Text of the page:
Semaglutide Injection

Semaglutide injection may increase the risk that you will develop tumors of the thyroid gland, including medullary thyroid carcinoma (MTC; a type of thyroid cancer). Laboratory animals who were given semaglutide developed tumors, but it is not known if this medication increases the risk of tumors in humans. Tell your doctor if you or anyone in your family has or has ever had MTC or Multiple Endocrine Neoplasia syndrome type 2 (MEN 2; condition that causes tumors in more than one gland in the body). If so, your doctor will probably tell you not to use semaglutide injection. If you experience any of the following symptoms, call your doctor immediately: a lump or swelling in the neck; hoarseness; difficulty swallowing; or shortness of breath.

Keep all appointments with your doctor and the laboratory. Your doctor may order certain tests to check your body’s response to semaglutide injection.

Your doctor or pharmacist will give you the manufacturer’s patient information sheet (Medication Guide) when you begin treatment with semaglutide injection and each time you refill your prescription. Read the information carefully and ask your doctor or pharmacist if you have any questions. You can also visit the Food and Drug Administration (FDA) website (http://www.fda.gov/Drugs/DrugSafety/ucm085729.htm) or the manufacturer’s website to obtain the Medication Guide.

Talk to your doctor about the risks of using semaglutide injection.

🔔 Why is this medication prescribed?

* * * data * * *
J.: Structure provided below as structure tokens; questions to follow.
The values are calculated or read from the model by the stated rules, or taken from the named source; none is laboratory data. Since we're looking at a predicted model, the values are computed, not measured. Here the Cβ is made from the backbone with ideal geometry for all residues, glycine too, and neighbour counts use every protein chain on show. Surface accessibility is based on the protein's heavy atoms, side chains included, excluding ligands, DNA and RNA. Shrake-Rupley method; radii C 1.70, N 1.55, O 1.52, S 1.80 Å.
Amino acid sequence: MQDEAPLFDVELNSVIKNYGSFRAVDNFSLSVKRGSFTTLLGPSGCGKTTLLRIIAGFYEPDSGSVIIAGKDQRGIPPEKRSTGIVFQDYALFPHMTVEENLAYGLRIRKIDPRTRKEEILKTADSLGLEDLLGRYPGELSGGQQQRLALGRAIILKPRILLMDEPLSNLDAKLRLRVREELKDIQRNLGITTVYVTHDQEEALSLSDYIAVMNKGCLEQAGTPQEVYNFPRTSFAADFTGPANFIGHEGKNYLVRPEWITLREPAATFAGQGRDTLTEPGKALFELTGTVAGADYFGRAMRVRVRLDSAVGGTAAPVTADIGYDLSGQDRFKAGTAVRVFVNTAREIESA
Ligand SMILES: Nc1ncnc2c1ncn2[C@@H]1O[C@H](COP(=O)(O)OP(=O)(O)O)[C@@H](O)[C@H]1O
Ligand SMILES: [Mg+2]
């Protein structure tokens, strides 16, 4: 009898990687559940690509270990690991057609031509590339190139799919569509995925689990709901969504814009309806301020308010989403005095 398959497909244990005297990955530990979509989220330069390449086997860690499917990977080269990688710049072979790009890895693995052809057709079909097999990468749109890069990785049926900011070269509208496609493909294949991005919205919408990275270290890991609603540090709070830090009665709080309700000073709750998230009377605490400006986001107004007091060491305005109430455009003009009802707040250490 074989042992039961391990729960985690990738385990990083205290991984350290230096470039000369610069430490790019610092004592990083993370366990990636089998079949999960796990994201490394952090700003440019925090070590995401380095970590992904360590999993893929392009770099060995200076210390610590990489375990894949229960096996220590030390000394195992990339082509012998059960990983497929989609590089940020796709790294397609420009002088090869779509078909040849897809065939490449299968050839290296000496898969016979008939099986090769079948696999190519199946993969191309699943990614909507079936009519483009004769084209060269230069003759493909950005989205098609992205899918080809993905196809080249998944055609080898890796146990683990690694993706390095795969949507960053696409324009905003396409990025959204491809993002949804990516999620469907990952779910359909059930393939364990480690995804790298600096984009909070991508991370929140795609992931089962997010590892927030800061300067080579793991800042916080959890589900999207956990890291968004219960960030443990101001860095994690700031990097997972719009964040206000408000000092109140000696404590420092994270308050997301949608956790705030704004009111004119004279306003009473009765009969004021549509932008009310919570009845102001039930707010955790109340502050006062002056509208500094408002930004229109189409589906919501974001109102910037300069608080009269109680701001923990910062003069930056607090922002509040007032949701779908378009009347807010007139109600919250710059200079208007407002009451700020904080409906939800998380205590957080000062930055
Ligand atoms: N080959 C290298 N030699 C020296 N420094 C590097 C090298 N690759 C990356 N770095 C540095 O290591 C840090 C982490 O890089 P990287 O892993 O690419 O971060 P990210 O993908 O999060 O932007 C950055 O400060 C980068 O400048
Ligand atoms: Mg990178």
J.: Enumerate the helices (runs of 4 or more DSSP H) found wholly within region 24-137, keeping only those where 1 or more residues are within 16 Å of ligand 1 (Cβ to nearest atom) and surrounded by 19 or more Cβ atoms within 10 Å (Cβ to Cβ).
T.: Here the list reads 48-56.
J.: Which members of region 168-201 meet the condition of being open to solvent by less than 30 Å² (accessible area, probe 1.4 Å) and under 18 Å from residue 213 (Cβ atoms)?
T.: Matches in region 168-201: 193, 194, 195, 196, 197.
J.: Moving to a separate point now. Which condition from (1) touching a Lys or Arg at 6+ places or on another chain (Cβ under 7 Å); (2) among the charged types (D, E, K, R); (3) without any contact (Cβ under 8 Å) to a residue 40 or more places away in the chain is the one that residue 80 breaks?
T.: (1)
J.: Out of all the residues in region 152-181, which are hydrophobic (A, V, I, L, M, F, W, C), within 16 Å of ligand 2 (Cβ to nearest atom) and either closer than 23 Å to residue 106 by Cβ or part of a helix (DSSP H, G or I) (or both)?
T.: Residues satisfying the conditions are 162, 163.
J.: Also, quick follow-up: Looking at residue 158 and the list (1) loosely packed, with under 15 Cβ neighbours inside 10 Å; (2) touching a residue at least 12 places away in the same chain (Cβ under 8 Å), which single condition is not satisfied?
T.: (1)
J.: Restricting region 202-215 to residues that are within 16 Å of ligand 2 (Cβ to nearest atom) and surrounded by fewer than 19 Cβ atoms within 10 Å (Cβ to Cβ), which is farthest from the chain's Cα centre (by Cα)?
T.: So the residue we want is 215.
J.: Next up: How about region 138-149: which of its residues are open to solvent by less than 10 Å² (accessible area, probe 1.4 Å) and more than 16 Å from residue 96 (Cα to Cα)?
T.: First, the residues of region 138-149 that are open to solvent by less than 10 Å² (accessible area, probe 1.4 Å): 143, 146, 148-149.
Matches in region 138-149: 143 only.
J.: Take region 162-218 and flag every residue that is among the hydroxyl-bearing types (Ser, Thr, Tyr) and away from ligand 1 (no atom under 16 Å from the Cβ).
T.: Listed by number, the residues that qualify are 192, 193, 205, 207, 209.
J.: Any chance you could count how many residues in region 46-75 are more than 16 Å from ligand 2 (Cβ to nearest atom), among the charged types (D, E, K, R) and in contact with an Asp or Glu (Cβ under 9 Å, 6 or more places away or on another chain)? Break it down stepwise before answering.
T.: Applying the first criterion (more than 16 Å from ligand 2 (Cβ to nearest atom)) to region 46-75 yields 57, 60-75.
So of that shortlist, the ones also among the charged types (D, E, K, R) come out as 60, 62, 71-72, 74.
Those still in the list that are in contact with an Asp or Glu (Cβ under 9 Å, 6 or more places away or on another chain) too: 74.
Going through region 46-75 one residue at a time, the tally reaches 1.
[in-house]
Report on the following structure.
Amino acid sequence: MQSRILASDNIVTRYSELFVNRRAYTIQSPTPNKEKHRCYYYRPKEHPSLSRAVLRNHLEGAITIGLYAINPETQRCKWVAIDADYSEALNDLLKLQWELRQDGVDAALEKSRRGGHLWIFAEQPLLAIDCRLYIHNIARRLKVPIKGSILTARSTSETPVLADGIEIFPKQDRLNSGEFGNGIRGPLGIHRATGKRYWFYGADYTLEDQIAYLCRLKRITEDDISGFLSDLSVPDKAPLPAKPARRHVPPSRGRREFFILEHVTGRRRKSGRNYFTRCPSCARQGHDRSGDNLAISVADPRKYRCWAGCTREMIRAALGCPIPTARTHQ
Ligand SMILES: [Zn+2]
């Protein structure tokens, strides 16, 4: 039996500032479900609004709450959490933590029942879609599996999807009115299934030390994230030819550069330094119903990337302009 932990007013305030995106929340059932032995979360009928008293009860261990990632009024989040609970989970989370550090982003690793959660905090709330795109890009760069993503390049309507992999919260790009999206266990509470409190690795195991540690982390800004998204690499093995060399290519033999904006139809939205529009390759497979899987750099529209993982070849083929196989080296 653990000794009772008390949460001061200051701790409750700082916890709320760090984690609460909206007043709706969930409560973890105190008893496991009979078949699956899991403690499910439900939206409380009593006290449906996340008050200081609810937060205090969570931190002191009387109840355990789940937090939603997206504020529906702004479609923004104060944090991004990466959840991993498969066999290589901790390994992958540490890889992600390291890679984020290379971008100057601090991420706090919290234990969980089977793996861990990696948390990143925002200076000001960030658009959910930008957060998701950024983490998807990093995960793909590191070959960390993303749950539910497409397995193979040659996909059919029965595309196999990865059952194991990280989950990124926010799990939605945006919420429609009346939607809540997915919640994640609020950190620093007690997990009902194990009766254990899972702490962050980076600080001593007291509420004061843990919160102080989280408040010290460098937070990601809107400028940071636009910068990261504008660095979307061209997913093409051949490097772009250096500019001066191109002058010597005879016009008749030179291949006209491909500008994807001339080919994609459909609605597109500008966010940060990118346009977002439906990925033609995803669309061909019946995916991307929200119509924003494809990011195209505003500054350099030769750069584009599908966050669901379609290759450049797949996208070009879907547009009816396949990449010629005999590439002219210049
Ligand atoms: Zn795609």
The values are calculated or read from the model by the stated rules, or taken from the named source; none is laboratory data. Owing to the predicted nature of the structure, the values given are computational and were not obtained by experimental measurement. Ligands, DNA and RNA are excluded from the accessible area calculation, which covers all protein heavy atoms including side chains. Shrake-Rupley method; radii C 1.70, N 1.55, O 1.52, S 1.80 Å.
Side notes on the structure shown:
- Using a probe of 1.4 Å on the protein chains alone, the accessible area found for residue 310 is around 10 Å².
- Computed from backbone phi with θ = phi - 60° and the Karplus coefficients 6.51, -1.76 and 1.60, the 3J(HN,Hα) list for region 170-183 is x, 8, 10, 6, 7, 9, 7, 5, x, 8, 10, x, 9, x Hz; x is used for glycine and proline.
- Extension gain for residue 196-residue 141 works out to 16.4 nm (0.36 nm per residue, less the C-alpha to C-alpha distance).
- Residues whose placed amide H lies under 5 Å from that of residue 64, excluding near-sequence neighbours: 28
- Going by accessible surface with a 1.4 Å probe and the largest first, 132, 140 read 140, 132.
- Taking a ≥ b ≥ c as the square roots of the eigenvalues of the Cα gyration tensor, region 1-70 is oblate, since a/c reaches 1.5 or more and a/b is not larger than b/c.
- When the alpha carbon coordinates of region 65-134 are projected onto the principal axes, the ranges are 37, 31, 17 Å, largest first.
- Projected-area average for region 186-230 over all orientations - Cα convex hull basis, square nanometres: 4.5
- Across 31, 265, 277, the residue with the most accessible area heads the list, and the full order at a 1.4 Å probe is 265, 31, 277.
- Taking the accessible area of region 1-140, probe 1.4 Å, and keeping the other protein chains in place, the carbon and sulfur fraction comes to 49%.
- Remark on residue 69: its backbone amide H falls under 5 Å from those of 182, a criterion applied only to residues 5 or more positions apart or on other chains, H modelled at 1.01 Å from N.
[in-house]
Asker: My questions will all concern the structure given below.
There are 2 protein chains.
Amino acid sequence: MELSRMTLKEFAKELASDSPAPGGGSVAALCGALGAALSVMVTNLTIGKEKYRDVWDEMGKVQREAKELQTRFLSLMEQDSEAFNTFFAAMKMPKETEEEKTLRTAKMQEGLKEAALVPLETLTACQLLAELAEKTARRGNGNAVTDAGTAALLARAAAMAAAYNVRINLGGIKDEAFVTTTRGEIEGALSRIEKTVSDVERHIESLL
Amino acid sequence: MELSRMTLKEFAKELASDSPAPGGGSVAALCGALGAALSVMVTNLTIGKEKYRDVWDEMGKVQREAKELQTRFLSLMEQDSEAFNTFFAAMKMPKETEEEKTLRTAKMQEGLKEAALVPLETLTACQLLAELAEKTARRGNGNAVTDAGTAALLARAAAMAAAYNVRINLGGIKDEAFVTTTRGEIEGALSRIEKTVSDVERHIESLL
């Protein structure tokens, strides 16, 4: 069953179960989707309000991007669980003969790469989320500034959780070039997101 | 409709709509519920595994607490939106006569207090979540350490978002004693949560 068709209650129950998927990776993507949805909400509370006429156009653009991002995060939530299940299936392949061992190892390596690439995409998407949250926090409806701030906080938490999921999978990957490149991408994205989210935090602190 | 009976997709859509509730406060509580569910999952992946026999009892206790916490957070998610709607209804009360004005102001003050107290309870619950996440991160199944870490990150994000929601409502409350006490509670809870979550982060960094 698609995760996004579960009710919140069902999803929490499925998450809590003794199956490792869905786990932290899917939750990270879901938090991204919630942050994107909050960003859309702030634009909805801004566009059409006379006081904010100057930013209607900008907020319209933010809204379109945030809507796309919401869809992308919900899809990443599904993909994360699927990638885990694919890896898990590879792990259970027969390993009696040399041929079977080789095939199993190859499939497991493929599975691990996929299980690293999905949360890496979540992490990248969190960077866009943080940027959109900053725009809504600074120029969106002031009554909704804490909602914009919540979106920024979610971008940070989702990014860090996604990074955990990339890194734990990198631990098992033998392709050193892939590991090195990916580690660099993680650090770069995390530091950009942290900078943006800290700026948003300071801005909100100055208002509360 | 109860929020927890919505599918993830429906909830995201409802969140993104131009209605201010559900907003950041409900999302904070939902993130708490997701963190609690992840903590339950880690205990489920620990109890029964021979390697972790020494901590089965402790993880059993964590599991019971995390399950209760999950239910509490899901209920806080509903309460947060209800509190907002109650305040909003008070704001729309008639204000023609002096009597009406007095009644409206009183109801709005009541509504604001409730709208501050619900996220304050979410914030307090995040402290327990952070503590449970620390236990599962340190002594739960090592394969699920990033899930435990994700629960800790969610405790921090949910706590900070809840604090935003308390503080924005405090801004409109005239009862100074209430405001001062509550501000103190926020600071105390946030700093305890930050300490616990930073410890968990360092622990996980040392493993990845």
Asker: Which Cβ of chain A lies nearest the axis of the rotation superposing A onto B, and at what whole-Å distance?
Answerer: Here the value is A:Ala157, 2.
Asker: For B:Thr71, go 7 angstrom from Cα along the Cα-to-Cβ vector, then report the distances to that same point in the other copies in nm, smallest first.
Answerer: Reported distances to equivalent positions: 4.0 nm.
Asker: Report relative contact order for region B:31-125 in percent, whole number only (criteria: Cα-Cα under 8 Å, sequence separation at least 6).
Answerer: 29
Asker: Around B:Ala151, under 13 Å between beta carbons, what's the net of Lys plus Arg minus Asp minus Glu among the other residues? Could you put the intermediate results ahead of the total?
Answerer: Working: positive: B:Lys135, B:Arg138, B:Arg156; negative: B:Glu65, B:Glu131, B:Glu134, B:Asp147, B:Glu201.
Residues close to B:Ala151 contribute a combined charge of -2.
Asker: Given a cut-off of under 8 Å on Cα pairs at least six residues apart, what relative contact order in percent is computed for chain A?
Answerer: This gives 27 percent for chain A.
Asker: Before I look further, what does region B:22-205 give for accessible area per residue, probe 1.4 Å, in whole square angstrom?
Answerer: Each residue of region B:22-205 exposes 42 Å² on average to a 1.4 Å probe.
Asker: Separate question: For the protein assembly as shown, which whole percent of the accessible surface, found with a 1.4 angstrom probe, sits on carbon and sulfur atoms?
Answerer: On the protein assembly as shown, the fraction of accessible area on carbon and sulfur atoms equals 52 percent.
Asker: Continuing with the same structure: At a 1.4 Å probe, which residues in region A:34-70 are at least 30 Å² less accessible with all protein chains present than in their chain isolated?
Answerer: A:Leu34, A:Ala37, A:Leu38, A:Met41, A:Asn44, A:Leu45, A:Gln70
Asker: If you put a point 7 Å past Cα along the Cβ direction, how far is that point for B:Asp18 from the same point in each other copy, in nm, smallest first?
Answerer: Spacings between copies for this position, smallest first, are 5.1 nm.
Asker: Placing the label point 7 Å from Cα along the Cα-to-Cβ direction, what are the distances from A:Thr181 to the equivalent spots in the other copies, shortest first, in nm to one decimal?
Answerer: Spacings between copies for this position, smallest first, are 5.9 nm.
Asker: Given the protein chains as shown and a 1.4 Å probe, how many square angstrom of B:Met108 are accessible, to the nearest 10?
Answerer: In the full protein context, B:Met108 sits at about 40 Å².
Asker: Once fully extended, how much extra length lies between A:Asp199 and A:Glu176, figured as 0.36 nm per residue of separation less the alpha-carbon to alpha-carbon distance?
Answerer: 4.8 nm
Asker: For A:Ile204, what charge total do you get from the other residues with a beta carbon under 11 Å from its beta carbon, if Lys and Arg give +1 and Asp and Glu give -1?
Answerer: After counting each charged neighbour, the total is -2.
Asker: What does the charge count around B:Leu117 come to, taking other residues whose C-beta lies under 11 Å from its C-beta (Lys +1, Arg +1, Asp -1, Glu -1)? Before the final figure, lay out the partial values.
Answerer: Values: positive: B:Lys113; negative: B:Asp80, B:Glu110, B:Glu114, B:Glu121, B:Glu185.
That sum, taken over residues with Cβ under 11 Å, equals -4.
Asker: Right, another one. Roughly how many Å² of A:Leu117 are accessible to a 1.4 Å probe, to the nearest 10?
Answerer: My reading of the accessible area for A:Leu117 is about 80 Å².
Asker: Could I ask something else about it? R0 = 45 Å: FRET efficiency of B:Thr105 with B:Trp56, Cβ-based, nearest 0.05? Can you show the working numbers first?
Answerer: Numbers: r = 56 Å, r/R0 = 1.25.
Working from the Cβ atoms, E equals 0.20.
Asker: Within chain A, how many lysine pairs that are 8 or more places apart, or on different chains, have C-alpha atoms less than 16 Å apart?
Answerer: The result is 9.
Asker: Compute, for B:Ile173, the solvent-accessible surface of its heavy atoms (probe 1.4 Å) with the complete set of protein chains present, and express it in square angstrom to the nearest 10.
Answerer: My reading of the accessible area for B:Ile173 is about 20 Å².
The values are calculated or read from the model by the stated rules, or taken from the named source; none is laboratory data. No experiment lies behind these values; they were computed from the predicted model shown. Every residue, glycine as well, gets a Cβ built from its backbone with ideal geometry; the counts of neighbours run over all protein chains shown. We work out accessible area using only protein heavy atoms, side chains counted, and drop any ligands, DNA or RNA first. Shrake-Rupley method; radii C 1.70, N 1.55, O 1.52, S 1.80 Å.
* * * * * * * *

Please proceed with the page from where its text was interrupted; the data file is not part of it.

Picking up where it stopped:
Semaglutide injection (Ozempic) is used along with a diet and exercise program to control blood sugar levels in adults with type 2 diabetes (condition in which the body does not use insulin normally and therefore cannot control the amount of sugar in the blood) when other medications did not control the sugar levels well enough. Semaglutide injection (Ozempic) is also used to reduce the risk of a stroke, heart attack, or death in adults who have type 2 diabetes along with heart and blood vessel disease. It is not used to treat type 1 diabetes (condition in which the body does not produce insulin and therefore cannot control the amount of sugar in the blood) or diabetic ketoacidosis (a serious condition that may develop if high blood sugar is not treated). Semaglutide injection is not used instead of insulin to treat people with diabetes who need insulin. Semaglutide injection (Wegovy) is used along with an individualized low-calorie, low-fat diet and exercise program to help with weight loss in obese adults or overweight adults who may also have high blood pressure, diabetes, or high cholesterol. Semaglutide injection (Wegovy) is also used along with an individualized low-calorie, low-fat diet and exercise program to help with weight loss in obese children 12 years of age or older. Semaglutide injection is in a class of medications called incretin mimetics. It works by helping the pancreas to release the right amount of insulin when blood sugar levels are high. Insulin helps move sugar from the blood into other body tissues where it is used for energy. Semaglutide injection also works by slowing the movement of food through the stomach and may decrease appetite and cause weight loss.